But, I mean, if we were to talk about the shop, we have products in the shop that would represent that. Like exactly what you’re saying, something a little more modern and mature—a necklace, or something that you know is going to help them in their day-to-day that takes the stress off. So even like a trip to the spa together.
D: I was going to say diamonds, just because of our conversation the other day. Especially with what we do, we always look at each other’s rings when we got engaged, or wedding bands, because we helped each other with all these processes. I even said, I think yesterday on the airplane on the way home, “We should just get each other LoversLand diamonds.”
That’s funny that you asked that question, because last night I remember being on the airplane like, “I can’t wait to buy you a diamond.”
Y: I can’t wait to buy you a trip to Joshua Tree so we can chill out and hike and relax.
D: Do a girl trip, yeah. A book I think we have exchanged, we’ve done those tokens, which is great. But time, too, with each other’s significant others, because I think that’s something that we both did gift each other with our honeymoon, that was a big gift. It was like, “Go away for two weeks and enjoy yourself and don’t worry about this, I got it.” I remember when you said, “It’s cool, we got this”—that was the best gift ever, because you have this baby that you put so much time and energy in, being the magazine, or LoversLand.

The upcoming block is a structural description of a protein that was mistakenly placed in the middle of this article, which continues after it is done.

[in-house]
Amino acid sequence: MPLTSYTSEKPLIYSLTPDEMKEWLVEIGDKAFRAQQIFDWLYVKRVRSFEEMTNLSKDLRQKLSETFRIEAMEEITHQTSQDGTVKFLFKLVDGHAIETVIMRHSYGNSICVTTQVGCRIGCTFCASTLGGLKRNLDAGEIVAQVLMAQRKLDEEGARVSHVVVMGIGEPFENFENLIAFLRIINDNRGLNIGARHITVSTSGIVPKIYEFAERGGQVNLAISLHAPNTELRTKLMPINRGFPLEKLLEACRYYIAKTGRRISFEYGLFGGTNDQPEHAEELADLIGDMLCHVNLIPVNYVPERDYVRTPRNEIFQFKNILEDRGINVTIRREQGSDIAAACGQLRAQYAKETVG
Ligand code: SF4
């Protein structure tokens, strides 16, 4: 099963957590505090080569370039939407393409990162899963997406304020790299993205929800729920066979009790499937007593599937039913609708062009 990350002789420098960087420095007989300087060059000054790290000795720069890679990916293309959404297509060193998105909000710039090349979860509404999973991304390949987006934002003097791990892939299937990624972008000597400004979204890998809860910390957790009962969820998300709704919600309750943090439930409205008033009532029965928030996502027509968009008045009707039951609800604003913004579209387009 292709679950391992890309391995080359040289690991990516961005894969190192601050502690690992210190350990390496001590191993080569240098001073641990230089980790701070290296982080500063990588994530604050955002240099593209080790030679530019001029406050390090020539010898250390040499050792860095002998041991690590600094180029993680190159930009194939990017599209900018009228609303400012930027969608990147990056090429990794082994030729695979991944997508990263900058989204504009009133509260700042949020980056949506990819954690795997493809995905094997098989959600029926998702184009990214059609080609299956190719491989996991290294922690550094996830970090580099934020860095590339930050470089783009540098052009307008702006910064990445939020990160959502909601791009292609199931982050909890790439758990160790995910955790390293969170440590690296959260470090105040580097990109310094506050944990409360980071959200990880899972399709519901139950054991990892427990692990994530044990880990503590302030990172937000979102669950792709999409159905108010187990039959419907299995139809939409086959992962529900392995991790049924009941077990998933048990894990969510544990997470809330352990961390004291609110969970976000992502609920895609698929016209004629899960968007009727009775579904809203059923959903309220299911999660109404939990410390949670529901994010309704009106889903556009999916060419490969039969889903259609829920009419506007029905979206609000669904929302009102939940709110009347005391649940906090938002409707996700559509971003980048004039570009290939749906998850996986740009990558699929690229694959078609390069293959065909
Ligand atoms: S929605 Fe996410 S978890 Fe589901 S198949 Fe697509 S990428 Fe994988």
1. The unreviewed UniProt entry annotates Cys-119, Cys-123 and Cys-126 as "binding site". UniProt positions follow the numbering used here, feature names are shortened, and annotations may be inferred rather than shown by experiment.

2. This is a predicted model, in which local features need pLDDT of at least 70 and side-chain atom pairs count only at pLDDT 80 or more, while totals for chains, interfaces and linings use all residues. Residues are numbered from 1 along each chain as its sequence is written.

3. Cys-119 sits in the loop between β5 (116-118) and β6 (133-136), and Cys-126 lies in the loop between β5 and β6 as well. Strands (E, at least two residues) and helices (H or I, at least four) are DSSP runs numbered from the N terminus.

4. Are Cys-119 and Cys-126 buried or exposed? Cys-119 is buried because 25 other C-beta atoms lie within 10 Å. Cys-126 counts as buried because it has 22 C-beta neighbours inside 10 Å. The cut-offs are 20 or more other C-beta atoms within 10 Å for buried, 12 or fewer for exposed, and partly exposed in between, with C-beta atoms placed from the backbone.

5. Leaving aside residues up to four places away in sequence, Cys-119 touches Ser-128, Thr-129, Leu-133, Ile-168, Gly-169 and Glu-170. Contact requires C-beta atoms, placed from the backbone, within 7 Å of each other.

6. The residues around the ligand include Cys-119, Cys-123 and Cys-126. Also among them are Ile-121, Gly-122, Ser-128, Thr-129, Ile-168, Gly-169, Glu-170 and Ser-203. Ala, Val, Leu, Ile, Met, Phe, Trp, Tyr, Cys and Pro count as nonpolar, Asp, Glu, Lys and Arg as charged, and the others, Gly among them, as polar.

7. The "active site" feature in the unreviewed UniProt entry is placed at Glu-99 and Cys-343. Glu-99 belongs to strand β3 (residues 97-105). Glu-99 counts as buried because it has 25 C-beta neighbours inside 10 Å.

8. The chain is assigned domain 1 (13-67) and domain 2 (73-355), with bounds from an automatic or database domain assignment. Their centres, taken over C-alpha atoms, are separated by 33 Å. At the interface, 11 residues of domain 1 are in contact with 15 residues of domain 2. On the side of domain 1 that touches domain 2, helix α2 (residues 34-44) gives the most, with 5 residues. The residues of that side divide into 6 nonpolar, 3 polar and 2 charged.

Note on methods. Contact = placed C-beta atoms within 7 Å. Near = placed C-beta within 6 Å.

Y: And with the nature of the business being so sensitive, women are spending a lot of their own money on this time in their lives, and you have to take it seriously. They’re investing, they’re trusting in you that the money that they’re giving you is going to provide the dress for their special day. So you take a lot of that pressure on yourself. When you leave, it’s very hard to trust that that dress will be there, she’s coming to pick it up that day, she’s getting married next week. You know, a lot of it’s very time sensitive and emotional, so to leave sometimes is very hard.
S: Bridesmaids bracelets and gifts that act as “Will you be my bridesmaid, or my maid of honour?” brought me back to the womanhood version of the friendship bracelet.
D: Totally. We have some beautiful silk ones and I remember gifting one to my sister. It brings you back to childhood, for sure. It is really great.
Y: Yeah, it’s a special time, you know. But also I find that sometimes, with our women, because they are sometimes older, these gifts mean a lot more and they have a lot more meaning to them. They’re not just giving you a gift to give you a gift, there’s a lot more to the background in that relationship, because as you get older and the women around you, it becomes more and more important—if you start having kids and all that kind of stuff.
S: If you got up and dressed in each other’s clothes for the day, what would you be wearing? What’s a quintessential look for each of you?
D: I’d be wearing those shoes! *points to Yvonne’s black Gucci loafer slides*
We both love vintage denim, so I feel like that would be easy.
Y: That’s probably what we would do. Danielle actually has some tomboy stuff, and I probably would throw on a Thrasher T-shirt and a pair of Vans. We both kind of have that. You’d probably do all black if you were me, I wear a lot of black.